Friday, April 7, 2017

TX GOP House Defeats School Vouchers

At the end of March, the Texas State Senate Education Committee voted in favor of School Vouchers.

The Voucher plan offered families Public Money to send their Children to Private and Religious Schools and headed to the full Texas Senate. Sen. Larry Taylor's Bill would create State-Subsidized Education Saving Accounts for parents while offering Tax Credits to businesses that sponsor Private Schooling via Donations.

The issue has long roiled the Legislature, with the Republican-led Senate backing so-called "School Choice" but such Plans stalling in the GOP-Controlled House. There, many Lawmakers worry about harming Public Schools that are the lifeblood of the Small Communities they represent.

As predicted, it failed big in the House, 103-44 today.

According to a piece in January in the Dallas Morning News this was supposed to be the year for success. Gov. Abbot was fully “on board”, attending the annual School Choice rally in Austin where thousands were expected back in January. “The momentum has really been growing over the last 10 years,” said Brendan Steinhauser, a Political Consultant who organized the event. “The biggest change in the last year is that the governor is on board, fully supportive and will be speaking at the rally.” And even though, “Opponents see any attempt to funnel money from public schools as an attack ”, this is most definitely the year for Vouchers in Texas.

The Political climate Nationally for Vouchers has never been more favorable. President Trump’s pick for Education Secretary, Betsy DeVos, is a vocal Supporter of School choice, having founded a National Group that pushes for Vouchers.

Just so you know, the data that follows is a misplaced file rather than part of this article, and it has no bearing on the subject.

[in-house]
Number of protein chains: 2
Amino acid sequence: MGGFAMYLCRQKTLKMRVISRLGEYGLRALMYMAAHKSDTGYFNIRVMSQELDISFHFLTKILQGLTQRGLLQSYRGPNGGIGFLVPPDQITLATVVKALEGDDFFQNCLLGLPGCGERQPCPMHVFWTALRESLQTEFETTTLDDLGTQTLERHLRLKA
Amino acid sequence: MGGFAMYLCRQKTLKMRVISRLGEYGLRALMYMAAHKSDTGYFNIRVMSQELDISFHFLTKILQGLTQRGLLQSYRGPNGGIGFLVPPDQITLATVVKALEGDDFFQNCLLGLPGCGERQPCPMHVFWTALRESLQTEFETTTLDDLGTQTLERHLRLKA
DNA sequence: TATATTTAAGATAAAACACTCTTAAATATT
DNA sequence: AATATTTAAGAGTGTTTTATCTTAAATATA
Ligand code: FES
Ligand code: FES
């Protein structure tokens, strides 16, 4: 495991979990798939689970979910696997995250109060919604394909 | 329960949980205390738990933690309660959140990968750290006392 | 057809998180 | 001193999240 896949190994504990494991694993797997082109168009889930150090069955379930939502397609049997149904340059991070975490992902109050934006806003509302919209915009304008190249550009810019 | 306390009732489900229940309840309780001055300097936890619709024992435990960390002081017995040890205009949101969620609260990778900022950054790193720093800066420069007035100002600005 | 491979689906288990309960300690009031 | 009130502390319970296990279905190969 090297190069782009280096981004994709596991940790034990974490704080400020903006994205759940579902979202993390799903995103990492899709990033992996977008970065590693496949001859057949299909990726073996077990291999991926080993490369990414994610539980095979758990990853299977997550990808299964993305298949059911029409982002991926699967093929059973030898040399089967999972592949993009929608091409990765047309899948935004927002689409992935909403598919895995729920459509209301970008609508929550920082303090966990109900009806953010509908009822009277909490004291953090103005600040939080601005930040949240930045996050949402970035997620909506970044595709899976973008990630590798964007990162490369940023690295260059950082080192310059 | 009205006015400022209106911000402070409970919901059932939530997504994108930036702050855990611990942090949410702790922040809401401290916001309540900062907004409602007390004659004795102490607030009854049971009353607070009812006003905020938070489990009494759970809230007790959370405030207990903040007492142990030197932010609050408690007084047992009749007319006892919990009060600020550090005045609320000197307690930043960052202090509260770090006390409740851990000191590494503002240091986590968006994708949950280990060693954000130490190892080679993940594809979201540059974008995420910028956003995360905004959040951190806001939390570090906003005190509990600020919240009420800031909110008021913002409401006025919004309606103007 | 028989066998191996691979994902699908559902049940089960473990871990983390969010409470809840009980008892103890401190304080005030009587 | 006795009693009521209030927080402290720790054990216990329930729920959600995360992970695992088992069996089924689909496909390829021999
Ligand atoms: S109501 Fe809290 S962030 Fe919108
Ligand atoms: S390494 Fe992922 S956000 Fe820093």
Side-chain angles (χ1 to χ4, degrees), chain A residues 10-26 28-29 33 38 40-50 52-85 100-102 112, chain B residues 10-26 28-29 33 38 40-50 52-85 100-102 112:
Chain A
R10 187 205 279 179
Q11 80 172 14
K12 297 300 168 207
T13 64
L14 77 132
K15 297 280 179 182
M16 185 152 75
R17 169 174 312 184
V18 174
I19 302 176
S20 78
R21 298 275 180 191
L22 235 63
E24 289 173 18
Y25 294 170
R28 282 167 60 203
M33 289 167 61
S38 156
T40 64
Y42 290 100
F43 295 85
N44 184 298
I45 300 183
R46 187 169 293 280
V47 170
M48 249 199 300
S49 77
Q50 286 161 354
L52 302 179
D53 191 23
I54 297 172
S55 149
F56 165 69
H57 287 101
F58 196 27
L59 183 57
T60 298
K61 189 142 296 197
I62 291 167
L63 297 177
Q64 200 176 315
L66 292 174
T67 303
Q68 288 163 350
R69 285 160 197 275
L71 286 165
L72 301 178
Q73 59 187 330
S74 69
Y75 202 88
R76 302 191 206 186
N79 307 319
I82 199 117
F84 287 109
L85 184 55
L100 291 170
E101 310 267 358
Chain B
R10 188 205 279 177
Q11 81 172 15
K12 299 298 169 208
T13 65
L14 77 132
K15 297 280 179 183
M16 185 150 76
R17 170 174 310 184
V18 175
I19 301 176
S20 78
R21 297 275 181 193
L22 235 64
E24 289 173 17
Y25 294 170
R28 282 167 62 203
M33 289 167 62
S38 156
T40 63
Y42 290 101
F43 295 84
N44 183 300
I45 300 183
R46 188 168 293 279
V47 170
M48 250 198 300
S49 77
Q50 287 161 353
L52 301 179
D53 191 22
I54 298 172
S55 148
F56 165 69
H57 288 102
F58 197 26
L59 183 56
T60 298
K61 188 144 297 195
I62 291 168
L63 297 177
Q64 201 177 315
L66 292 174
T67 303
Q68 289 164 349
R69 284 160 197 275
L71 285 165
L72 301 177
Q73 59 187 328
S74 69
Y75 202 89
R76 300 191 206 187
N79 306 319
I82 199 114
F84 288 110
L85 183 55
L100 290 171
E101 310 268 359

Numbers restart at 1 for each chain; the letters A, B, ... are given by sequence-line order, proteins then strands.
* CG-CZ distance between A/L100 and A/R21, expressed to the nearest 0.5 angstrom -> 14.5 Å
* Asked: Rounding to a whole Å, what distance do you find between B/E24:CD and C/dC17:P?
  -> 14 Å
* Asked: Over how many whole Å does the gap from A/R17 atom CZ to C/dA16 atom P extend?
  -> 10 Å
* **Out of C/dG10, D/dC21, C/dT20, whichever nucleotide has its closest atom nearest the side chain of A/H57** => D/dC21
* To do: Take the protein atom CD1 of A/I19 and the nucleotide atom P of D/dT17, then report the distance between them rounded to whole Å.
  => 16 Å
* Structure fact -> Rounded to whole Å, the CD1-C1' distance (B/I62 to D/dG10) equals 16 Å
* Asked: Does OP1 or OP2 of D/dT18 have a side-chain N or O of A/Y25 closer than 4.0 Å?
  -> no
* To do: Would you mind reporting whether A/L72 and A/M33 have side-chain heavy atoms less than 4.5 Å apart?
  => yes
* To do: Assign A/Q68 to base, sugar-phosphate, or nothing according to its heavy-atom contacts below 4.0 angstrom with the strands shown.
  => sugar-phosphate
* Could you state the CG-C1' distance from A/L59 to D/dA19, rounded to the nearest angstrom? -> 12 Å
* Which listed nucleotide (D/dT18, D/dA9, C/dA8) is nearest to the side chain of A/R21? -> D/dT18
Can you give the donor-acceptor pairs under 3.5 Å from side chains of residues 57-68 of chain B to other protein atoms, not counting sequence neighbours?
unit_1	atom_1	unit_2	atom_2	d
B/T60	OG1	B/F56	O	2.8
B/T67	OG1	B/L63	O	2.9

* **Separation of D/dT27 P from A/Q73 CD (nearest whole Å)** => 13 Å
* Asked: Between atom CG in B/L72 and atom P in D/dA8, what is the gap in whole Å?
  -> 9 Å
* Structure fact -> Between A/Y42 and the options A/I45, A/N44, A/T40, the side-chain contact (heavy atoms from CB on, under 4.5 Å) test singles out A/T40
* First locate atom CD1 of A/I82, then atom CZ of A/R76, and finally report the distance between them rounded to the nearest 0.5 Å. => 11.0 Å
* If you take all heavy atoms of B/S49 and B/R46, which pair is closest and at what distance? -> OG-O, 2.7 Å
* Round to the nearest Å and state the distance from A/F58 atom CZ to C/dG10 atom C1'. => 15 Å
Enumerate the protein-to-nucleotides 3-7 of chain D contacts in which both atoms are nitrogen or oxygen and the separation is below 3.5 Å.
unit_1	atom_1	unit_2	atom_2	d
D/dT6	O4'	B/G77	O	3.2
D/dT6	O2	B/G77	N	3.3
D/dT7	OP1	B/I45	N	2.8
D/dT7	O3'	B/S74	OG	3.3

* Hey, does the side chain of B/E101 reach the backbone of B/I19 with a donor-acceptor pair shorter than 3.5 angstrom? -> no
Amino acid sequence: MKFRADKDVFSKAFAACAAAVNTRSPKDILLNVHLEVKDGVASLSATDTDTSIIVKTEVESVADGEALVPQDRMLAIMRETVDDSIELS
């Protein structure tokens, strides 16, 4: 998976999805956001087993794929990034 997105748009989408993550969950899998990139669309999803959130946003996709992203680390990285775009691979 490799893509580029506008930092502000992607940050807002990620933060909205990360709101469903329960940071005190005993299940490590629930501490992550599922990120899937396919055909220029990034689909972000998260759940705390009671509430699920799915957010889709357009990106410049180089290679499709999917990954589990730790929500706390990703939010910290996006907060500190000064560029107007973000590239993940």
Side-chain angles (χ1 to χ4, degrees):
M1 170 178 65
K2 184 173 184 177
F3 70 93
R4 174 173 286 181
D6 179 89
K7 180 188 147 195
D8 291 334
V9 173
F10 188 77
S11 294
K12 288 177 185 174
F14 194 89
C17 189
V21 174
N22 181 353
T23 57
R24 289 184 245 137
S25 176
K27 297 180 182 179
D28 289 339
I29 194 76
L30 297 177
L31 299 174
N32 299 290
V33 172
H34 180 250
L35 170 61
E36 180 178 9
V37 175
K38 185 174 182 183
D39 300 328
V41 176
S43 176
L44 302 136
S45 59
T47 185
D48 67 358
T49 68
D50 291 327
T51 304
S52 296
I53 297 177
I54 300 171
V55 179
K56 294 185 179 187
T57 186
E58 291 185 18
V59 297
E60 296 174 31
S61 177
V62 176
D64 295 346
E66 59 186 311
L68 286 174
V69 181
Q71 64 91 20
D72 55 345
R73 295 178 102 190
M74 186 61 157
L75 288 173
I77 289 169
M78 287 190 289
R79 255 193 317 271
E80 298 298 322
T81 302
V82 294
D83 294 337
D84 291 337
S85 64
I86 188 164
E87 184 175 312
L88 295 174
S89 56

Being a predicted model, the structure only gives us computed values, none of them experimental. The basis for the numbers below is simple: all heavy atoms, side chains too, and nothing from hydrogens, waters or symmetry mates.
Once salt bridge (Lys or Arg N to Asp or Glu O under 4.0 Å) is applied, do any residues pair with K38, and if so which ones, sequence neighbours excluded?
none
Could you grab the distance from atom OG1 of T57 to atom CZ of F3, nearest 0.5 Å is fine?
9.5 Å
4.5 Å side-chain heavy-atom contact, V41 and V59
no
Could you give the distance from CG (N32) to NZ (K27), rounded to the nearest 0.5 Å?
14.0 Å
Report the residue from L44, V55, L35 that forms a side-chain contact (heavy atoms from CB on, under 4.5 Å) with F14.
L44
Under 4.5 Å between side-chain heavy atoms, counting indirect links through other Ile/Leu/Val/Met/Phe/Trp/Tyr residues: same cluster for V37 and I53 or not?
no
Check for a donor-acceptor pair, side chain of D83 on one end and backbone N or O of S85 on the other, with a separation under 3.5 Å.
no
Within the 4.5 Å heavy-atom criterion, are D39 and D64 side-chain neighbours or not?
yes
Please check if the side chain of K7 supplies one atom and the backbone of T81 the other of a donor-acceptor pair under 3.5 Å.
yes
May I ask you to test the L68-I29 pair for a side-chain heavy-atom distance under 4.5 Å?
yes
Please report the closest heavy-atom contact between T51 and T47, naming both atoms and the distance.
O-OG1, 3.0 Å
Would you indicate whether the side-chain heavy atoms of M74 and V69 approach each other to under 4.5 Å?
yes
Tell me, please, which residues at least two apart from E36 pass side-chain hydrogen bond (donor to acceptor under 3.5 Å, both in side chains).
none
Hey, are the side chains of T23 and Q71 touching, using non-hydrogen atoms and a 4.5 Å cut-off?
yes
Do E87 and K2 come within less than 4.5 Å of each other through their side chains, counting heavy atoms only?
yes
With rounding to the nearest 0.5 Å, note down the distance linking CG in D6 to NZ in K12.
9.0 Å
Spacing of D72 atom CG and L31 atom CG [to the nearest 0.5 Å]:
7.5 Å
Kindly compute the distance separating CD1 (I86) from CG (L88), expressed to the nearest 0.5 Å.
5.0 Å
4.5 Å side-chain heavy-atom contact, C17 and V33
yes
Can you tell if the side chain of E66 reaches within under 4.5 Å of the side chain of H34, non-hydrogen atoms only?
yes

So what happened here?

Earlier this month, Superintendents and Trustees from 60 Dallas-area School Districts held a joint News Conference urging Lawmakers to keep Public Funds in Public Schools. Taking Money away will only hurt the State’s most vulnerable Children, who often can’t take advantage of options, even with assistance, they said.

Education Leaders have banded together in other parts of the State as well to voice similar opposition. They say Texas already has Choice within the Public School system, including Charter Schools and Specialized Campuses.

For example, Students can Transfer out of low-performing Campuses into better Public Schools under the State’s Public Education Grant program.

Charles Luke, a former Superintendent now Coordinating dozens of Groups across Texas for the Coalition for Public Schools, said Vouchers or similar programs like Education Savings Accounts would siphon billions of dollars away from Public Classrooms instead of using that money to improve them.

Stephanie Matthews, a Senior Policy Analyst at the Texas Public Policy Foundation, insists that Education Savings Accounts are fundamentally different from Vouchers. “Instead of the money going directly to a school, they work more like a health savings account — a restricted-use debit card that goes straight into the hands of parents,” she said.

So, though this was supposed to be the golden opportunity, Voucher supporters lost big in the Texas State House today. 103-44 vote came during the House's larger Budget Debate and could kill a sweeping "School choice" Bill approved by the State Senate last week.

Republicans control both Chambers but while many Senators see Vouchers as a Civil Rights issue that helps poor Children leave failing Public Schools, the House has repeatedly Defeated any proposal that could hurt funding for Traditional Classrooms.

House Democrats opposing Vouchers typically team with Republicans from Rural communities, where Schools are top Employers as well as Social Centers offering football and other popular activities.

Anticipating opposition, the Senate Voucher Bill exempted Communities with fewer than 285,000 Residents. But overwhelming House opposition didn't wavier.

The presence of Betsy De Vos as the Country’s new Education Secretary and her major drive for Vouchers made no difference in Texas today.

NYC Wins When Everyone Can Vote! Michael H. Drucker
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